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How to build a successful team?

Updated: May 3


Does the whole always add up to more than the sum of its parts?Or does the whole lead to a decline in individual productivity?


Teamwork is the ability to recognise individual differences, unite them with common principles, and enhance the process of achieving a common goal. There have been many examples of great teams and teamwork in sporting history; The Lionesses winning the European Championships, bringing home England's first major trophy since the men's World Cup win in 1966. Or in Formula One, Mercedes' impressive winning streak after signing with Lewis Hamilton in 2013 and going on to win seven consecutive Constructors Championships (2014-2020); quite the turnaround given their last win was in 1955.

As shown by the likes of the Lionesses and Mercedes, the concept of teamwork is essential to success. Although it is mostly associated with sports, there are many parallels that can be drawn upon and used in the business world. I have been part of some great teams. I learned to row at Oxford Brookes University in 2012, and three years later, I earned my first British Rowing vest. In 2016, I rowed for Sydney Rowing Club before returning to Oxford Brookes University in 2017 to study an MSc in Psychology. For the past five years, I have been training and racing with both the British Rowing Team and Leander Club.

Throughout my rowing career, I have witnessed firsthand the importance of teamwork and how it breeds success. Some of the best teams I have been part of, particularly in my early rowing days, on paper should not have achieved what they did. I don't believe it was luck. I believe we achieved what we did because of how we operated as a team. For instance, in 2016, we were the first student crew at Oxford Brookes University to qualify for the Remenham Challenge Cup at Henley Royal Regatta, an international event where all other teams were international. We were the underdogs, and I truly believe we were able to rise to the challenge and qualify for the event due to how we worked as a team.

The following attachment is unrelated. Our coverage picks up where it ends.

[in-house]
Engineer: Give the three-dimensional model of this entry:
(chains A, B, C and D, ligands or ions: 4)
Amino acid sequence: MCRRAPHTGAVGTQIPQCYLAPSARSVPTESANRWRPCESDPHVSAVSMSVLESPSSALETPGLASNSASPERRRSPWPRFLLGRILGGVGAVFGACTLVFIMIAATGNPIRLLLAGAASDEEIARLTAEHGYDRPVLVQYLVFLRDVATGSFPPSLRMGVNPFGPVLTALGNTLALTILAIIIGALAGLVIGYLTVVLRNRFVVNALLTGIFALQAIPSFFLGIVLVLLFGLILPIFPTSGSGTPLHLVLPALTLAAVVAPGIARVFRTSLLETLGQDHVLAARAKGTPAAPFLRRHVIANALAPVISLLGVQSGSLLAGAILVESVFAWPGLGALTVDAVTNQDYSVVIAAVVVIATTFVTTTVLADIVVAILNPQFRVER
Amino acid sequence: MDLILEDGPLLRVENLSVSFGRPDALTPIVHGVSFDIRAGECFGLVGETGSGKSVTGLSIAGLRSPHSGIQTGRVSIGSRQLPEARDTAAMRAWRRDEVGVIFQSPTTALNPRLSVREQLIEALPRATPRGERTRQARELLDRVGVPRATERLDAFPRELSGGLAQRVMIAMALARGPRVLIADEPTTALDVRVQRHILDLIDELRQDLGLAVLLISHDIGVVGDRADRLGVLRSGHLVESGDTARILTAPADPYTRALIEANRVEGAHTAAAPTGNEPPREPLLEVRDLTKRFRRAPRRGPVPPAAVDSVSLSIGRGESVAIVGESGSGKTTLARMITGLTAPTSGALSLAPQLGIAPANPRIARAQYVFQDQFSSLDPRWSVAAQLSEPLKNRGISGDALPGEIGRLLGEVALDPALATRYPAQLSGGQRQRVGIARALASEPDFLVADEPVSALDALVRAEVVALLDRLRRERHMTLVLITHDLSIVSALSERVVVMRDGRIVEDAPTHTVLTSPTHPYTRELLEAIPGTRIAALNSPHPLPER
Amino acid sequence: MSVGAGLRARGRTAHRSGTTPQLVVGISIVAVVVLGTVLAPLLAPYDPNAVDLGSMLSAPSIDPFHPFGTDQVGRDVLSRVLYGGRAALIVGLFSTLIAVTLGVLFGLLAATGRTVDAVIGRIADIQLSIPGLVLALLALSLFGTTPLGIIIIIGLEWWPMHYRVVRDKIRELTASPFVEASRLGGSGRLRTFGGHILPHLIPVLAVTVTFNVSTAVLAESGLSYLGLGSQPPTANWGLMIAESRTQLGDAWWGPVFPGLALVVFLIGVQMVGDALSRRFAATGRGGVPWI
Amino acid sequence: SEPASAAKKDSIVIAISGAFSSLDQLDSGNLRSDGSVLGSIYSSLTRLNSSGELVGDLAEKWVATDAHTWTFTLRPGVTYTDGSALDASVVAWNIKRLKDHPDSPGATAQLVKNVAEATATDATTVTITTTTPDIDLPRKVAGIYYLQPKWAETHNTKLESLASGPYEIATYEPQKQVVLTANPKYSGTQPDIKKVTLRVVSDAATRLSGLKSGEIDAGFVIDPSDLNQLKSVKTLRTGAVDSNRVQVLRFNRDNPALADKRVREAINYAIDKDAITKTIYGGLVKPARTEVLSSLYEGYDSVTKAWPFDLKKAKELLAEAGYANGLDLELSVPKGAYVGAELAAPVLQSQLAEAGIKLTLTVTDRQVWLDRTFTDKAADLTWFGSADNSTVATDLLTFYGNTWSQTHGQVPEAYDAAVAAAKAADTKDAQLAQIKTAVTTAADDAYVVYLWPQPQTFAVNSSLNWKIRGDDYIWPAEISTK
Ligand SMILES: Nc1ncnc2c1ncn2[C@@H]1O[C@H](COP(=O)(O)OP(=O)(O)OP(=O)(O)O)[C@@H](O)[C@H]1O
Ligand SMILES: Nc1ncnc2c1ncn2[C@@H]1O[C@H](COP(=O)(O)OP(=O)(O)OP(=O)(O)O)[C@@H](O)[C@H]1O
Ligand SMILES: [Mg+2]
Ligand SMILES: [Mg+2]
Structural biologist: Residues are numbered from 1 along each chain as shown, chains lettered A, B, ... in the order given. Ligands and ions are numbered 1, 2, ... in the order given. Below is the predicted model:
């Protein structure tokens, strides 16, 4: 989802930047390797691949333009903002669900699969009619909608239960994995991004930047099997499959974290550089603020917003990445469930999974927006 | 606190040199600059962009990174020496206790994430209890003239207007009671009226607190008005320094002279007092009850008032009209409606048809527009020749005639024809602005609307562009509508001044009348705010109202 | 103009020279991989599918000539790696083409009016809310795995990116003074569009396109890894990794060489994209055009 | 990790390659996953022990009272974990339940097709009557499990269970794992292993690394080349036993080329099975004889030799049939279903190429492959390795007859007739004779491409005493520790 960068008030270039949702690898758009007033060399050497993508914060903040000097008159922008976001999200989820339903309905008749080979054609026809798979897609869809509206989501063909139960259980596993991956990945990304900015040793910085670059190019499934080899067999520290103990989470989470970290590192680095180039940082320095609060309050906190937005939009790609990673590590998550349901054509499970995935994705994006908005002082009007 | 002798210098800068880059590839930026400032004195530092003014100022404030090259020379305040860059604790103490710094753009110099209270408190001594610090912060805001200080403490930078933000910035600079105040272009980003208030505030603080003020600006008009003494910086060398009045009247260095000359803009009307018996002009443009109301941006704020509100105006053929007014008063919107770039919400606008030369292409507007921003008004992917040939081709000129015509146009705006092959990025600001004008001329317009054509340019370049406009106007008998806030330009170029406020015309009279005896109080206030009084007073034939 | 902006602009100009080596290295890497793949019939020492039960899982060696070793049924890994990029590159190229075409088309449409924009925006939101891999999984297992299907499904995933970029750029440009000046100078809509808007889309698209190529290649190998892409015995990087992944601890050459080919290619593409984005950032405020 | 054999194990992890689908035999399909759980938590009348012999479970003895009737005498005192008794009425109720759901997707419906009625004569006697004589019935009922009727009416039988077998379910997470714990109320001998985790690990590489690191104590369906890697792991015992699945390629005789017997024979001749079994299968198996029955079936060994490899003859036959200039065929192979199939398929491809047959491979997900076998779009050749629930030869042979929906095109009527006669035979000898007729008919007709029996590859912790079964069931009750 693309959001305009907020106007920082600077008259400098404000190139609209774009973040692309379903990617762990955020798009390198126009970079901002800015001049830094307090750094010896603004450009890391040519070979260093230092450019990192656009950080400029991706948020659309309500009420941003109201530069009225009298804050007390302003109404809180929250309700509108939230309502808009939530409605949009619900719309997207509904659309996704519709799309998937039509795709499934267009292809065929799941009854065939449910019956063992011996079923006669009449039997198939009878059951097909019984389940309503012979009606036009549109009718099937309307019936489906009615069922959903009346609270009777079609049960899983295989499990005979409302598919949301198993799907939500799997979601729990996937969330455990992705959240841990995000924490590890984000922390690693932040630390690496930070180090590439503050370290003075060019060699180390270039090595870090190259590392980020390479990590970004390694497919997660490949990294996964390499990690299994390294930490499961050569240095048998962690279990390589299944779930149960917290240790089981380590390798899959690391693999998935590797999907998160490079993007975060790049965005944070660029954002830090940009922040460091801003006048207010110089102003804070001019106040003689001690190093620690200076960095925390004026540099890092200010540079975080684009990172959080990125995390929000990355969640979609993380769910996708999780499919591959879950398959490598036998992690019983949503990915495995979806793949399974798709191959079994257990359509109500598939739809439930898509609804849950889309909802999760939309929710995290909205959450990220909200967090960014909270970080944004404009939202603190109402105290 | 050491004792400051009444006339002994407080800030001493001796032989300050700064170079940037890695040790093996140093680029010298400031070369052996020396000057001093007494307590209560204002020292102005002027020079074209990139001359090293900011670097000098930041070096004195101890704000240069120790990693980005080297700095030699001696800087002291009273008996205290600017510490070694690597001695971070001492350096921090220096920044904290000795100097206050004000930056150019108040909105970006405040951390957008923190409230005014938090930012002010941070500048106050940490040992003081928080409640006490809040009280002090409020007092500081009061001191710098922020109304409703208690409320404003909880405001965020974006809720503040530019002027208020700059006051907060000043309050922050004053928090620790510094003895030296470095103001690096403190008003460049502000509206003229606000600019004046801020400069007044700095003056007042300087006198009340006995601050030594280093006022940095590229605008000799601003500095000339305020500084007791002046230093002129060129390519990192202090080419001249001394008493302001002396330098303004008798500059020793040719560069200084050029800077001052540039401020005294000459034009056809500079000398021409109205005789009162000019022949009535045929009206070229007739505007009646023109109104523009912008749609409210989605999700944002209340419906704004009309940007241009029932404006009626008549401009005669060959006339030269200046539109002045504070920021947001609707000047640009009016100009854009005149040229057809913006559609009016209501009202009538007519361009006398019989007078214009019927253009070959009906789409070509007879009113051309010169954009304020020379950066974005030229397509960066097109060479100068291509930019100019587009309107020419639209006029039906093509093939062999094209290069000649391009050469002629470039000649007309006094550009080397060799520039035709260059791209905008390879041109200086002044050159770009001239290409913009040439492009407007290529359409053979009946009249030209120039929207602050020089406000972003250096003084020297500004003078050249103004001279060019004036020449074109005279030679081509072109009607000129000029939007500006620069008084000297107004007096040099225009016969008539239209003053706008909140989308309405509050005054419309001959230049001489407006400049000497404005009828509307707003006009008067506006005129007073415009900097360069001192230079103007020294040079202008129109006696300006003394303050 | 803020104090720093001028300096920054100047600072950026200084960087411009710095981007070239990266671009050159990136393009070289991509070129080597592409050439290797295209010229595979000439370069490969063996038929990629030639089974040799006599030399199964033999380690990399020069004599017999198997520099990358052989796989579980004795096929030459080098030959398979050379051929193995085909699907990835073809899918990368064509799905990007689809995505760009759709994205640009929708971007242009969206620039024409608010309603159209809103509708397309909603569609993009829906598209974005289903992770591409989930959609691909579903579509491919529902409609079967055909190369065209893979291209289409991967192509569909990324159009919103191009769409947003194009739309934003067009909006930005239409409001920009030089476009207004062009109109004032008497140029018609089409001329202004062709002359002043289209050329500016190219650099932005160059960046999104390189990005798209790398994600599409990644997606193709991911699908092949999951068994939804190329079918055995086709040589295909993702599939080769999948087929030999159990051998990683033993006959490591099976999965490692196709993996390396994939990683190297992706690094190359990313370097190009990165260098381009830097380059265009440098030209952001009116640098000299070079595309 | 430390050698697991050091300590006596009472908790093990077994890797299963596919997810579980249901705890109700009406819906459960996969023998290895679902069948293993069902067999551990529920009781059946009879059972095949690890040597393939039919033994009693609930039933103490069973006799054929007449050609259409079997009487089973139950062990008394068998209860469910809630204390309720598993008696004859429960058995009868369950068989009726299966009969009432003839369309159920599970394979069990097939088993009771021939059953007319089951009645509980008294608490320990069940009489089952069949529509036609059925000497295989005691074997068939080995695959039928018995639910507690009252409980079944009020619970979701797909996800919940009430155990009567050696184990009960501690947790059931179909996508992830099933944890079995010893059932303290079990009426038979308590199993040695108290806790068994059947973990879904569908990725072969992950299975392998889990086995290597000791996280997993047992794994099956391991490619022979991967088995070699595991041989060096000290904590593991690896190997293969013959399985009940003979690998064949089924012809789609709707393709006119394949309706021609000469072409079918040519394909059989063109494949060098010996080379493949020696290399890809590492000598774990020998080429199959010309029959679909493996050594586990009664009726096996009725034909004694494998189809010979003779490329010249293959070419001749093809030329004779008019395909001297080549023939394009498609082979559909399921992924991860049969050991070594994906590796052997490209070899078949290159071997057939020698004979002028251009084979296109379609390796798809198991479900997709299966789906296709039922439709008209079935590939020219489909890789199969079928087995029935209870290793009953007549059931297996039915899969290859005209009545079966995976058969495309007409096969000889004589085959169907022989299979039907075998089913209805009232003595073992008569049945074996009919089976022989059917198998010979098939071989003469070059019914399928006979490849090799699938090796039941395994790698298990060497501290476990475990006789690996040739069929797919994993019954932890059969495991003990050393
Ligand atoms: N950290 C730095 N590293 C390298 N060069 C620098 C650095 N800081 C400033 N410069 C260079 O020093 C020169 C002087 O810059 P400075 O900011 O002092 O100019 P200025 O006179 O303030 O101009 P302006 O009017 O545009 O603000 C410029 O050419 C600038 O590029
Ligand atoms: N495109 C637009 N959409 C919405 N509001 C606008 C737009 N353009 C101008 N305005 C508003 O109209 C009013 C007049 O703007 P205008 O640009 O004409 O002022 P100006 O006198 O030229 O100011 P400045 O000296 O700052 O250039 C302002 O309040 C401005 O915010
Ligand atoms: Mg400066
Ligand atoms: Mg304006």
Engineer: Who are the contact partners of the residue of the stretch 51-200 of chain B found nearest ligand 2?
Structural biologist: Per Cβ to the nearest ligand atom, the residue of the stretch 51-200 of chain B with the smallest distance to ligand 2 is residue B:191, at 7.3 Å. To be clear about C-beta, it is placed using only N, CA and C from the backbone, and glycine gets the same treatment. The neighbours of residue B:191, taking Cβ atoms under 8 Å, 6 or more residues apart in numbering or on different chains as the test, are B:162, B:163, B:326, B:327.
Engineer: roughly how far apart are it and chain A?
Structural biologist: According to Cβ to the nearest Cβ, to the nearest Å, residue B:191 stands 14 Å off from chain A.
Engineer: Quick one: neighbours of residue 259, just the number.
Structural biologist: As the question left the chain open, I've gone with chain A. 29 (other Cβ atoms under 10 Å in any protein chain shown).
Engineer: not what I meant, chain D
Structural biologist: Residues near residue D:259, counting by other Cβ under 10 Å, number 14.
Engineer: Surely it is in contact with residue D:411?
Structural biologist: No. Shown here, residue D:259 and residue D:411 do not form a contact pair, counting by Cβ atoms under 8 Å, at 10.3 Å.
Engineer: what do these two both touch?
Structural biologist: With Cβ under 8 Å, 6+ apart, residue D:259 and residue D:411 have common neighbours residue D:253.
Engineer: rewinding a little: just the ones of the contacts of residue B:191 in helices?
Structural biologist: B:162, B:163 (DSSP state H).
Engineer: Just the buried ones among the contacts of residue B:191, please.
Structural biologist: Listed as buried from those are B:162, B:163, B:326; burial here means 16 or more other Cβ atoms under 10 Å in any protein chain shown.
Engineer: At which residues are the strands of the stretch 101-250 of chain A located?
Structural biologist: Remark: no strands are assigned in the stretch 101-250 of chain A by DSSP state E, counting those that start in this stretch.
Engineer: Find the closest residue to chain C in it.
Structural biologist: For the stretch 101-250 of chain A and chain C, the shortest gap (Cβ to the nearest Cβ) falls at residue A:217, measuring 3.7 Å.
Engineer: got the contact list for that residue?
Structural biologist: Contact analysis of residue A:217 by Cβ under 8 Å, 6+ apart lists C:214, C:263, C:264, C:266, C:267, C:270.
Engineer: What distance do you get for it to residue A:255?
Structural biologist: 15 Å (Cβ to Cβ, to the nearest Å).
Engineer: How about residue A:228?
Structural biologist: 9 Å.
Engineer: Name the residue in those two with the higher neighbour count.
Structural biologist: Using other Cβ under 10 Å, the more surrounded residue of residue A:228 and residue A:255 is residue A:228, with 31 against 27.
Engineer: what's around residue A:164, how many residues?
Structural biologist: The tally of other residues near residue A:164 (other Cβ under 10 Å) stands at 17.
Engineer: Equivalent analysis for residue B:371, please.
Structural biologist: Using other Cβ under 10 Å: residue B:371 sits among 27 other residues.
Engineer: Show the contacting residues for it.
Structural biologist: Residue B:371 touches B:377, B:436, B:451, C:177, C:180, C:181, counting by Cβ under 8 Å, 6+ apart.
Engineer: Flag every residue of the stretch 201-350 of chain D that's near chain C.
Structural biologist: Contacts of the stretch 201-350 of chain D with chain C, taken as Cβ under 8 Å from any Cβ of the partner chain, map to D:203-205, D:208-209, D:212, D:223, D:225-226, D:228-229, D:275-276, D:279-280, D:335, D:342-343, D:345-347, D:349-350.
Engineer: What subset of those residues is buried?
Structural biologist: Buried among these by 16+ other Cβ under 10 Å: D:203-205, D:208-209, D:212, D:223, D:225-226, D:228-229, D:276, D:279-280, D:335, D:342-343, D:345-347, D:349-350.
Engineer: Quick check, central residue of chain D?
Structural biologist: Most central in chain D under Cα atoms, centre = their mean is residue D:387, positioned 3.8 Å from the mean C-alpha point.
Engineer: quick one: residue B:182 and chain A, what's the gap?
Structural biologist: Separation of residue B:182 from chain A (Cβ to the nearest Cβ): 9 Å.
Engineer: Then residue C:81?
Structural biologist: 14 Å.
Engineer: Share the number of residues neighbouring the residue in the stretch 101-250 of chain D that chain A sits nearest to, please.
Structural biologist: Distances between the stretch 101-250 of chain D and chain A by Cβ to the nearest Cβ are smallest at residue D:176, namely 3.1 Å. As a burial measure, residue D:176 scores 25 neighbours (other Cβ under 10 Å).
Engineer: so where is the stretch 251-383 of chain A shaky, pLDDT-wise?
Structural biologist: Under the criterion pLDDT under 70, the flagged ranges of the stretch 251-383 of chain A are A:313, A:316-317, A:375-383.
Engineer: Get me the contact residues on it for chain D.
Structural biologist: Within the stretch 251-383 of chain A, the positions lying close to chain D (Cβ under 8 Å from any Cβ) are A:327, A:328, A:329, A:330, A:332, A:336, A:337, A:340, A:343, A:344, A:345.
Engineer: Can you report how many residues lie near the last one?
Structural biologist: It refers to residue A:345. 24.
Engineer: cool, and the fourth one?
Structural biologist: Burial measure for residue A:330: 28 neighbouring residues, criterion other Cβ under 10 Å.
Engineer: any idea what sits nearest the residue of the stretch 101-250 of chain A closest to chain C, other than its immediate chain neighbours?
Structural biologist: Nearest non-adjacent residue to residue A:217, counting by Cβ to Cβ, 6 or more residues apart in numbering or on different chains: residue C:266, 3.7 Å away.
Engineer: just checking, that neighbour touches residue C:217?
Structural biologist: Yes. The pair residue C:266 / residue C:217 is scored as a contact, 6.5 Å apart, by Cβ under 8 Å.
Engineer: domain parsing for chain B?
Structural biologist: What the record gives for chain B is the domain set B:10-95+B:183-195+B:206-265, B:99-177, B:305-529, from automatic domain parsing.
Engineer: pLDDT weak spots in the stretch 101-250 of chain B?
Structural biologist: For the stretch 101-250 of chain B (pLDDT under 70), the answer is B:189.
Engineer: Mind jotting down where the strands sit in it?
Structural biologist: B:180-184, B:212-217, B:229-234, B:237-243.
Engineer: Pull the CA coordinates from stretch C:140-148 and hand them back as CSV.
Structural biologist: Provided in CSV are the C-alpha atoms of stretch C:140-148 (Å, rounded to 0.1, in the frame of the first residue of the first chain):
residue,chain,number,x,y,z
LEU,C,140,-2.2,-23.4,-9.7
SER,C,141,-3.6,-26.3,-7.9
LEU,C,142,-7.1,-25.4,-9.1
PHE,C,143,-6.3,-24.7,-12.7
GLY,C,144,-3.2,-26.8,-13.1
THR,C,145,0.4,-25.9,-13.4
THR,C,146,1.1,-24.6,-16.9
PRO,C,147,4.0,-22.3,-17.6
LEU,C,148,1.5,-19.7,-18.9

There are many theories and ideas behind what creates a good team. In my experience, I believe a good team comes down to three main principles: being non- judgmental, showing vulnerability, and understanding your role.

It is easy to throw this terminology around with the hope that a good team may arise through talking. The reality is, if you want to be part of a well-functioning team, you have to really believe in what you value and put this into practice every day. Here is how I believe these three principles can be implemented day-to-day, across any team, in any environment.

1). Non-Judgmental: To be non-judgmental, you need to be present in the moment and subsequently see thoughts as just thoughts. They are not facts, and there is no value or truth attached to them. A non-judgmental approach in a team increases self- confidence, along with a greater understanding of each other, and as a result, a higher functioning, more successful team. Non-judgmental behaviours can come in a variety of forms, ranging from something as simple as not judging the clothes a team member wears to the performance a team member has produced. When looking back at successful teams I have been part of, I feel I am valued for everything I am rather than judged for everything I am not.


2). Vulnerability: By showing individual vulnerability, it encourages other team members to be open and honest. Whether this be something a team member finds challenging (for example, a new project), a mistake that needs addressing, or perhaps an anxious or nervous thought. Being open to vulnerability is how we learn about our team members, and overcoming vulnerable moments is how we unite. Embracing this shows strength and integrity. It is brave and courageous, so why wouldn't we show our vulnerable side?

3). Understand your role: Within any team, every member will inevitably have different strengths, weaknesses and experiences. Try to view a team member's strength as a compliment to your weakness, rather than a threat to your individual success. I was once asked, 'Would you rather be a team of experts or an expert team?' Of course, the answer was an expert team. Using rowing as an example, within a boat there will be some rowers who are more technical, some with greater physicality, and some with a more natural rhythm. Although it is important to play to your individual strengths while improving your weaknesses, when united and well executed, these differences create an expert team and subsequently bring success.

Ultimately, you can't tell teamwork. You have to believe it, breathe it, and immerse yourself in it in order to be greater than the sum of your parts. As they say, actions really do speak far louder than words!

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